And, let me extend congratulations to the many dedicated staff members who have contributed so much to building IU’s International Networks Program and who are responsible for IU’s continued success in the field.

Presentation of Thomas Hart Benton Medallion to Kazunori Konishi

The celebration of the 20th anniversary of IU's International Networks Program is a fitting occasion to honor one of our longstanding international partners—a man who has not only been a friend and colleague to many of us over this whole period, but also a great friend to Indiana University:  Kazunori Konishi.

After graduating from the University of Tokyo in 1969, Konishi-san joined the research and development lab of KDD, Japan's international telecommunications carrier. He eventually became KDD’s principal research engineer. There, he played a major role in the development of the Japan University NETwork, known as JUNET. A network established by three Japanese universities, JUNET was comparable to Usenet in the United States, and it was vitally important to the development of the Internet in Japan.

Konisi-san was also heavily involved in the establishment of—and has served as a trustee of—the Japan Network Information Center. The JPNIC is the national internet registry in Japan that manages a number of aspects of Internet operations, including the allocation of IP addresses and AS numbers.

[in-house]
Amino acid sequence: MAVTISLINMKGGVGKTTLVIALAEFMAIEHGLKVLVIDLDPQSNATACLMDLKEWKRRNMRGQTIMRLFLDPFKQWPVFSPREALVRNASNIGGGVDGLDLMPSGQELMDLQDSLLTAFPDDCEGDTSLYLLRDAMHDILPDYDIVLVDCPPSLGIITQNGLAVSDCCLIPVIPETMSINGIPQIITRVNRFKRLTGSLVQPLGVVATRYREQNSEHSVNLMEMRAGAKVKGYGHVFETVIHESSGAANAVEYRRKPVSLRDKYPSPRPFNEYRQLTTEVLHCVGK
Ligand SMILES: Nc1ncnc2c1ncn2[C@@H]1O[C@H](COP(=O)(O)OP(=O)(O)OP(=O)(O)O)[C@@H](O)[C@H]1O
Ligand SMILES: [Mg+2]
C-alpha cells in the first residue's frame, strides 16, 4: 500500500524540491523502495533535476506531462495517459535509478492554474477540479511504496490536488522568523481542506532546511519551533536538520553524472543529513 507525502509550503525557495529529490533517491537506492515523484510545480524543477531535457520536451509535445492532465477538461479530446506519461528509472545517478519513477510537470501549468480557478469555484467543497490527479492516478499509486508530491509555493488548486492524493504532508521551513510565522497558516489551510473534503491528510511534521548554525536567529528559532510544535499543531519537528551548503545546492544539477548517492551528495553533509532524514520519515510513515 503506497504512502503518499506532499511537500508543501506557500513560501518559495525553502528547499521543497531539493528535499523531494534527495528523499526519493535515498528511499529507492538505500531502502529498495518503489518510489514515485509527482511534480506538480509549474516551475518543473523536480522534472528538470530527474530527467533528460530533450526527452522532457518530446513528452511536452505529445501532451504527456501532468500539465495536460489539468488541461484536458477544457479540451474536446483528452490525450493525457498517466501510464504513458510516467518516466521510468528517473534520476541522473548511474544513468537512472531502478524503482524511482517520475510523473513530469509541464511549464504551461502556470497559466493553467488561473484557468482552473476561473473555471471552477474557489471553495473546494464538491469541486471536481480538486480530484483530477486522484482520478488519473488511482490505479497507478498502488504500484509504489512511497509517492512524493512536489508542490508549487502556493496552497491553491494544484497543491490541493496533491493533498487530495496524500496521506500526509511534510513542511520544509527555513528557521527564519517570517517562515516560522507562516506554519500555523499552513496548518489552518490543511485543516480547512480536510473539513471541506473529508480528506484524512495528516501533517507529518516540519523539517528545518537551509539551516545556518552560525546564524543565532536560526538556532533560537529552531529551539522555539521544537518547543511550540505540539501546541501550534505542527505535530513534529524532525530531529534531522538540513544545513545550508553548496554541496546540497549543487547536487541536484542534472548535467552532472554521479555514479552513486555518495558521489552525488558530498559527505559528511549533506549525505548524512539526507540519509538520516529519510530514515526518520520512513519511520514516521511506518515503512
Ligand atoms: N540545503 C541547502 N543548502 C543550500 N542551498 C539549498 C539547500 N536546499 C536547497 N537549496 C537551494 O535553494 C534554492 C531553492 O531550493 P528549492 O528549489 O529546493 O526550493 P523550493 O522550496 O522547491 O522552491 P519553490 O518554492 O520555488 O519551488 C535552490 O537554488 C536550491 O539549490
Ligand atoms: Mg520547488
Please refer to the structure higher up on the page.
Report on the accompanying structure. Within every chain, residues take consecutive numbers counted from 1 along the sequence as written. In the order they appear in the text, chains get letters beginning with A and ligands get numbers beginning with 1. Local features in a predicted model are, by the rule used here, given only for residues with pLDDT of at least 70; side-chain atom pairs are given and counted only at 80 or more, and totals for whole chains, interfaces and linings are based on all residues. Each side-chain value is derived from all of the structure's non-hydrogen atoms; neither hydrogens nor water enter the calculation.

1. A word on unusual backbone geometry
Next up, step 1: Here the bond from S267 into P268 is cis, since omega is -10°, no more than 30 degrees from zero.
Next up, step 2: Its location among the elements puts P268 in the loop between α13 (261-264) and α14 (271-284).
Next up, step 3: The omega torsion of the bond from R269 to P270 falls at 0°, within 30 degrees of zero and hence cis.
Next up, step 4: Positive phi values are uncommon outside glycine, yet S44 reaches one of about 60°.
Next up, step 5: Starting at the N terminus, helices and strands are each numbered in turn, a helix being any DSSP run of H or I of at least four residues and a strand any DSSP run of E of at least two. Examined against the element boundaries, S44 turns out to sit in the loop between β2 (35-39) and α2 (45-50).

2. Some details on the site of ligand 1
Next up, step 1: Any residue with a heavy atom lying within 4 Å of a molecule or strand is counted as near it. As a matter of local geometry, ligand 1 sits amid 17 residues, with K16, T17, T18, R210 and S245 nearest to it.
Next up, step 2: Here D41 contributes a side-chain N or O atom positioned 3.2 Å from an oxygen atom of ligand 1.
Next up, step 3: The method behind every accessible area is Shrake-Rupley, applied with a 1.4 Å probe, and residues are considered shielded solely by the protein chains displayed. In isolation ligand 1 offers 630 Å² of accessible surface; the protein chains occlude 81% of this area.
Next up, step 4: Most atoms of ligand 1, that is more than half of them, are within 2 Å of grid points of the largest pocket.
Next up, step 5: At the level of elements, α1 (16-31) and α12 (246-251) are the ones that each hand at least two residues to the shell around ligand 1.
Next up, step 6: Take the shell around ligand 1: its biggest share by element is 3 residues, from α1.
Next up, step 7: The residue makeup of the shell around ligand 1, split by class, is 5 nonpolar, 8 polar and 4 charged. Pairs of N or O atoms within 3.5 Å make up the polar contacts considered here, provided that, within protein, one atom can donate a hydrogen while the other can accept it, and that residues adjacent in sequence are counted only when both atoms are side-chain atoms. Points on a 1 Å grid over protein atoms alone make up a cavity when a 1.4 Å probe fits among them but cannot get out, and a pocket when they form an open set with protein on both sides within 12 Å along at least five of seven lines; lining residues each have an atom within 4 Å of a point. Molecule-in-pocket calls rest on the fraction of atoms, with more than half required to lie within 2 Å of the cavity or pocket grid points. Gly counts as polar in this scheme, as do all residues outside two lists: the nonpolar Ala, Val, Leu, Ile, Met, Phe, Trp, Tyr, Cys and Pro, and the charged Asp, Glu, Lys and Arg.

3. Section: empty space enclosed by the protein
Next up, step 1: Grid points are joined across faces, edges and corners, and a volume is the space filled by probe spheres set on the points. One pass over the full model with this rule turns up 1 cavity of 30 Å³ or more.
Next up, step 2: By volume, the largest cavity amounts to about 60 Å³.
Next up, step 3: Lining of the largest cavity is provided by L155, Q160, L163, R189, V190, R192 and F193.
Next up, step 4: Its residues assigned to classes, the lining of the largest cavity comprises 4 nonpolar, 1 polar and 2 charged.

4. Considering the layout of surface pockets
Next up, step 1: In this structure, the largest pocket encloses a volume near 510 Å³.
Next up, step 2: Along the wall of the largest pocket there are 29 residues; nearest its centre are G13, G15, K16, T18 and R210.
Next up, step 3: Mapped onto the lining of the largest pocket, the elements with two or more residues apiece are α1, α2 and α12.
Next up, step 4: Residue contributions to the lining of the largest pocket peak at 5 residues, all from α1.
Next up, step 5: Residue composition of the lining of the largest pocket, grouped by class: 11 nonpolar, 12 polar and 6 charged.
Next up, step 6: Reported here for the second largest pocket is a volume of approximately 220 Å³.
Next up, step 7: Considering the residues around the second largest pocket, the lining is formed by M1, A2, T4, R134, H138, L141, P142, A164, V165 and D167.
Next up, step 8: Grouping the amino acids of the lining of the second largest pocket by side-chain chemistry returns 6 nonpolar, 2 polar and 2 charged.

And, as I have mentioned, he was heavily involved in the establishment of both APAN and TransPAC. He has subsequently served as director of APAN’s network operations center for more than 20 years, and he served as secretary general of APAN.

It is my distinct pleasure to honor him today.

Konishi-san, would you please join me at the podium?

Konishi-san, you have achieved great distinction in your career. Your expertise and your willingness to collaborate have helped to connect researchers around the world—and your partnership has made an important contribution to Indiana University's success in international networking.

To recognize distinction such as yours, Indiana University established the Thomas Hart Benton Medallion. First given in 1986, the bronze medal features the Benton Mural, which is located in the IU Auditorium. The reverse side has the Seal of the University.

It symbolizes the aspirations and ideals that are the foundation of the search for knowledge.

And so, by the authority vested in me by the Trustees of Indiana University, and in acknowledgement of all that you have done and continue to do for international networking and for Indiana University, I present to you, Mr. Kazunori Konishi, the Thomas Hart Benton Medallion.